Internet of Things will become mainstream as technology shifts from traditional end-user products and services to embedded security devices, intelligent systems and some cybernetics. Continued VC investment, M&A activity, public and private partnerships, intelligence sharing and policy changes, in effort towards providing a comprehensive suite of software and related security solutions (such as behavioral — predictive — turnkey analytics performing actionable and controls based algorithms) around cloud, mobile and analytic technologies.

To provide real-time threat detection and response, new managed defense services and unique partnerships to address shared risk will be created [and] positioned to handle a wide range of sophisticated attacks and advanced threats. This trend will accelerate. [A]s both large and small organizations are unable to keep pace with complexity of attacks and threats, more legal, regulatory and compliance will be required. Renewed focus on R&D by both commercial and public sector will help bring new ideas and shared expertise to the marketplace. Organizations dedicated to recruiting, training and retaining the right talent will maximize achieving success.

Intense School: How can IT/IS professionals and companies make the most of these trends?

Lenzner: Security Domains: In terms of function, traditionally information security practice focuses on organizational information assurance, data operations, standards and compliance, while, cyber security tends to specialize in cyber defense and incident response. Although the two disciplines may be similar and overlap, there are some fundamental differences in their scope, as well as other critical functions, not included in the above. Given the complexities of Security today, I would anticipate information security will continue to be a main corporate function, while cyber security will also have a specialized role. As technology and threats increase worldwide, security functions and related domains [are] expanding. Therefore, expect to see information security and technology risk management, more than likely as separate functions, reporting into different areas of an organization, as is security architecture and system engineering, big data and analytics, mobility and cloud computing, threat intelligence and response, digital investigation and forensics, cyber law, privacy and policy, physical security, etc. Security professionals who wish to advance and succeed, regardless of his or her experience level or areas of expertise, will require continuous technical and leadership acumen, gained by a combination of education, training, certifications, licenses and industry engagement – for each domain and/or specialization.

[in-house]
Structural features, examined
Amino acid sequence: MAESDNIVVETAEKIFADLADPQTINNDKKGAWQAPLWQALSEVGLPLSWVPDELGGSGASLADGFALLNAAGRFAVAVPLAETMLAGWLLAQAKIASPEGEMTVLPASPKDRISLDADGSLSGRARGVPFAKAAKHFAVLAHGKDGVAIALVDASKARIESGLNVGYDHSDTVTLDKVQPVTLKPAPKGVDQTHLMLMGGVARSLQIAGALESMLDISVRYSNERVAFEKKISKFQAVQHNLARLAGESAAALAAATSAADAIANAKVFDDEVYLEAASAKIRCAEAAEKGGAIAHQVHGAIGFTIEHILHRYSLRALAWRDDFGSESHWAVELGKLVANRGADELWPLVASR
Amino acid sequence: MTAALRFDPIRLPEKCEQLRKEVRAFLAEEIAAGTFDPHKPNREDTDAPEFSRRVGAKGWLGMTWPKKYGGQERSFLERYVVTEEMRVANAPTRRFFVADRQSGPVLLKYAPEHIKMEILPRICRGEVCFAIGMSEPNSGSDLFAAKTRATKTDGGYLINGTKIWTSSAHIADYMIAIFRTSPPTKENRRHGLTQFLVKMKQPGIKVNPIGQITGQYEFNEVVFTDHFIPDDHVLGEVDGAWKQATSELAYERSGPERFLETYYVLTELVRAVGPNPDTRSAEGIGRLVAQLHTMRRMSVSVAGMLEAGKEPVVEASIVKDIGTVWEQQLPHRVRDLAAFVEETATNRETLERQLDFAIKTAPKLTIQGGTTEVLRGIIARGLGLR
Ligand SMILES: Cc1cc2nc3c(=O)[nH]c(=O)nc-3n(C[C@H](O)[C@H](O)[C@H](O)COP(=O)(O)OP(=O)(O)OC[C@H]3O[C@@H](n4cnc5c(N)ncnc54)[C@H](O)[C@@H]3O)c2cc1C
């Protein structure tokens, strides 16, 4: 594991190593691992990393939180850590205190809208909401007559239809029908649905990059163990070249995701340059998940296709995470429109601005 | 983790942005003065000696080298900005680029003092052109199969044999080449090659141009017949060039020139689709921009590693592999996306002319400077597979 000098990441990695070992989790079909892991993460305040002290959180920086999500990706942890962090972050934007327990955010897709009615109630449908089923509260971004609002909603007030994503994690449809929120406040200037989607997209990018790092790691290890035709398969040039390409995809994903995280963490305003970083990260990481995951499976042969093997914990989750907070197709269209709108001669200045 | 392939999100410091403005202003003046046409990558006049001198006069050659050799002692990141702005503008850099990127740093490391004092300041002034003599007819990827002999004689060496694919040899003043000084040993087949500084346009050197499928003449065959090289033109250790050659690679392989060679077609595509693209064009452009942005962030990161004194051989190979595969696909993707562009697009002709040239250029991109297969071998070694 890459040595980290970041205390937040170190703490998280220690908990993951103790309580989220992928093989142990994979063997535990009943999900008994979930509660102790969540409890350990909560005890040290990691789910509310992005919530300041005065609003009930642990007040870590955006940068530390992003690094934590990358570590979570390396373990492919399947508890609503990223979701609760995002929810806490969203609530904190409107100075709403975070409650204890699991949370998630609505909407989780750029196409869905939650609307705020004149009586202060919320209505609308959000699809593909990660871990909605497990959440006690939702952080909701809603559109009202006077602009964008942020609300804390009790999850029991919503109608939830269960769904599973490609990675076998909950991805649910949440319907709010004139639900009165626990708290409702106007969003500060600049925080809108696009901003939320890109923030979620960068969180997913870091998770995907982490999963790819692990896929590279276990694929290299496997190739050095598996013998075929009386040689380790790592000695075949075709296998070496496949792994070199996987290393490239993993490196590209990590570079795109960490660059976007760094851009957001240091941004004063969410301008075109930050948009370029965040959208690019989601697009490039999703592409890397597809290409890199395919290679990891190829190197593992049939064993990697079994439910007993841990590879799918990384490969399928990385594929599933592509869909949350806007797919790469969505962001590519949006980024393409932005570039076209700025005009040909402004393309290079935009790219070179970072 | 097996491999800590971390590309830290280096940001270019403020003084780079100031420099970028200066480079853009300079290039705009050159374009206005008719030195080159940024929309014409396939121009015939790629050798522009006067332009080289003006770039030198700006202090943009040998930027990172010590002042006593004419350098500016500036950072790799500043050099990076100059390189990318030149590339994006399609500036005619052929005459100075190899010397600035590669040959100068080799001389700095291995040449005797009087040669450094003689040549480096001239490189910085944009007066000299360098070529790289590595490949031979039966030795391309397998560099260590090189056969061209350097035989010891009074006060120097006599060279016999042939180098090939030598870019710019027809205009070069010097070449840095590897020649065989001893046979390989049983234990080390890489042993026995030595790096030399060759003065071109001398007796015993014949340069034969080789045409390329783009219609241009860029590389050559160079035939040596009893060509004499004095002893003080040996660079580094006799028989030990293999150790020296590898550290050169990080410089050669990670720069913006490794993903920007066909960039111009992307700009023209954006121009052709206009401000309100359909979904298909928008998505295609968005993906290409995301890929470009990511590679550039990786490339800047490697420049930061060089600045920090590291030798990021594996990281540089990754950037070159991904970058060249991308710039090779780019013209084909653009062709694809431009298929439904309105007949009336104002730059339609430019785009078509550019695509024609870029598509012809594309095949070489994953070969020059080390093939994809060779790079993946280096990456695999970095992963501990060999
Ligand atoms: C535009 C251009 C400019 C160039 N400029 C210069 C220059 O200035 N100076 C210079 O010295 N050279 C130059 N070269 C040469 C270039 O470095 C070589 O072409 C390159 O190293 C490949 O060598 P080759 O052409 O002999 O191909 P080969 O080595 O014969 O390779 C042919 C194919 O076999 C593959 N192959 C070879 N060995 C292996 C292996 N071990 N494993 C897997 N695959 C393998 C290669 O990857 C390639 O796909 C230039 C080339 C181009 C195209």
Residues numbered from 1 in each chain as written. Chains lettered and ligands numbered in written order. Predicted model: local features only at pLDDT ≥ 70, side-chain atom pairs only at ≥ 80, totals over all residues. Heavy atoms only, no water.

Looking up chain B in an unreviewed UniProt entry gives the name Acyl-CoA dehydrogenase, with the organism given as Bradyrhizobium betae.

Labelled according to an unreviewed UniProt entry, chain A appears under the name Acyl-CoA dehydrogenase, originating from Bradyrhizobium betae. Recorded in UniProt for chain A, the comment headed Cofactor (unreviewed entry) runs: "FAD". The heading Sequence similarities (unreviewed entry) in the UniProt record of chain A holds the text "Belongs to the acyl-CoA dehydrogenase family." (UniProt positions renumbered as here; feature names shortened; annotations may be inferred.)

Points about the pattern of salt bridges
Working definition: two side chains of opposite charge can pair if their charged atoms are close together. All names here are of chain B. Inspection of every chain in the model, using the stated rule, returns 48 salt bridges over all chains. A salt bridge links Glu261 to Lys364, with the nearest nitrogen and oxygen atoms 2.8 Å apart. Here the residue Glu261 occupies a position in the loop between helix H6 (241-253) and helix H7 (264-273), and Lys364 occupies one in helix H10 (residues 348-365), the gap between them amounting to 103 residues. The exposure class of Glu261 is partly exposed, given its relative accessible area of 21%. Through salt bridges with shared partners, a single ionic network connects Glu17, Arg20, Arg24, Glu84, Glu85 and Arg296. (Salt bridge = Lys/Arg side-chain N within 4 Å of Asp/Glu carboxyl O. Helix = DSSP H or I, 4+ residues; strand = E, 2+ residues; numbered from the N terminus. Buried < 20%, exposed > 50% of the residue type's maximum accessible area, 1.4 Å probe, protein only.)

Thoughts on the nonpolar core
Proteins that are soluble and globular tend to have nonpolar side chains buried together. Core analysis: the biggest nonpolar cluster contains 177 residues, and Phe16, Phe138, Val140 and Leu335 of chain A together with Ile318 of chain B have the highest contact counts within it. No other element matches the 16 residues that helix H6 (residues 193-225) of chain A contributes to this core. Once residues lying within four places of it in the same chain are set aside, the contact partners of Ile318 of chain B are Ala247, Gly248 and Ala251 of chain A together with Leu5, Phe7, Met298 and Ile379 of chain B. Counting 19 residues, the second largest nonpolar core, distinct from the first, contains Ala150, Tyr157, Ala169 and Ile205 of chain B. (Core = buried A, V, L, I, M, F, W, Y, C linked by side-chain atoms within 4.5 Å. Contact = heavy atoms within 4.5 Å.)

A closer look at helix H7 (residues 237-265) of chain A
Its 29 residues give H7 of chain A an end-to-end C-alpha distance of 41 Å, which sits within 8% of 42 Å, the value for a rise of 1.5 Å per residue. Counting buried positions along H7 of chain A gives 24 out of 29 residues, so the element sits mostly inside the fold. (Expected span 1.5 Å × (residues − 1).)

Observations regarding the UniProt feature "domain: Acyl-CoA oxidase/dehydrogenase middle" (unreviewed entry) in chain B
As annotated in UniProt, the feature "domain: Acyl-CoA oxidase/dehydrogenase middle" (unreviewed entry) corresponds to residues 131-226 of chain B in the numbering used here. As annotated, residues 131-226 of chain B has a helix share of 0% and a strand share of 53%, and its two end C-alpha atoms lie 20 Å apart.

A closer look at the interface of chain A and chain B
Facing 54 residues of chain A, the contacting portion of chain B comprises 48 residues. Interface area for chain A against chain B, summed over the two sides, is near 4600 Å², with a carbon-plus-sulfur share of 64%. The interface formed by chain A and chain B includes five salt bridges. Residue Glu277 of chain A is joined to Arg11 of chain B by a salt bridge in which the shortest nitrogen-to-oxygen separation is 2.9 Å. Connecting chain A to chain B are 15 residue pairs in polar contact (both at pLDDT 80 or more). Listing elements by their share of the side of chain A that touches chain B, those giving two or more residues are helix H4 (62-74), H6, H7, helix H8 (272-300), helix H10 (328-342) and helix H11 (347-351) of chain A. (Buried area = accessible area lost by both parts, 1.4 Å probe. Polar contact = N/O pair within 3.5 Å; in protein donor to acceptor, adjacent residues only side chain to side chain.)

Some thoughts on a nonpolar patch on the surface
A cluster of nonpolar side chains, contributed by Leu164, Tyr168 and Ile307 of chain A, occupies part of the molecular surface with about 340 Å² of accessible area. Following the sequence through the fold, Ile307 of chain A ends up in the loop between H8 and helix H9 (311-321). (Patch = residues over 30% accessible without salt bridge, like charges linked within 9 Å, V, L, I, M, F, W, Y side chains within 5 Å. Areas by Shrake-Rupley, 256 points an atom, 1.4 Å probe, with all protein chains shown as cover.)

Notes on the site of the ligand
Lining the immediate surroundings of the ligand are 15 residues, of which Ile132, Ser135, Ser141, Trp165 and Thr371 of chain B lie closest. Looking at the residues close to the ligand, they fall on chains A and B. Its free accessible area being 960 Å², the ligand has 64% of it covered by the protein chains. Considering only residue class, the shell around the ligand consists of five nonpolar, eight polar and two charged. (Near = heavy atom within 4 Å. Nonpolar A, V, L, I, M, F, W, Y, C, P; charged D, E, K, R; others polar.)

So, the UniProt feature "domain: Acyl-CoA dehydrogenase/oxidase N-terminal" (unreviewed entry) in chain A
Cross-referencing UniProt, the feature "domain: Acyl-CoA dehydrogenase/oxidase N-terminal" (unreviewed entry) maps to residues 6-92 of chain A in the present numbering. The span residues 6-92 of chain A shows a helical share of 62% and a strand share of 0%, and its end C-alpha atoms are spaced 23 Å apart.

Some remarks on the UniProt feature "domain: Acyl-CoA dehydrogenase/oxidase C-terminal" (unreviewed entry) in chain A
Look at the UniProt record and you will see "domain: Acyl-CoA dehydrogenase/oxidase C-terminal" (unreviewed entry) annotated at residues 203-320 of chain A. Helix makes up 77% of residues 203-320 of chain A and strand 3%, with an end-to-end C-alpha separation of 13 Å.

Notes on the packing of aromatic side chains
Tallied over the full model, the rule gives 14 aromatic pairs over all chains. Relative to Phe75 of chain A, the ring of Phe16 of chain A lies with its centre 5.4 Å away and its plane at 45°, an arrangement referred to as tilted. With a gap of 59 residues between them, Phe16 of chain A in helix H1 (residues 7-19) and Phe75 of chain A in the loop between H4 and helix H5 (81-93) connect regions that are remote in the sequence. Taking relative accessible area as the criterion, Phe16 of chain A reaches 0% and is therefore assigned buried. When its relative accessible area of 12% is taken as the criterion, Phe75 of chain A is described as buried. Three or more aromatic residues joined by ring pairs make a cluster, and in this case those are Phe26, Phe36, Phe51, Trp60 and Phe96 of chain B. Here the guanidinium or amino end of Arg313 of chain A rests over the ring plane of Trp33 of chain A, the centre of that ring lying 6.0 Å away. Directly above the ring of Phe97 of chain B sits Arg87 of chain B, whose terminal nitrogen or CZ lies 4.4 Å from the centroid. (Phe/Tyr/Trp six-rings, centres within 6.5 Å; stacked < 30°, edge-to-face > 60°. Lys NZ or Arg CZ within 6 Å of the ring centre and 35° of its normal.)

Global skills gap will continue to increase. As technology and threats escalate, the cybersecurity workforce shortage is becoming more critical and broadly recognized. Businesses, governments and academia need to provide new approaches for identifying, developing, advancing cyber talent. Advanced education and defined skills training, clear metrics for professional certifications and industry standards, along with progressive career paths, is critically needed. Hard technical skills can be important career differentiators, however, top performers are distinguished by their ability to provide relevant solutions, define vision, strategize and secure support from stakeholders, champion resources and talent required to translate vision into reality.


The year is still young, and there’s much yet to come. But based on what Lenzner has to say, it looks like 2015 will be a busy year filled with opportunities and challenges for IT/IS professionals and companies.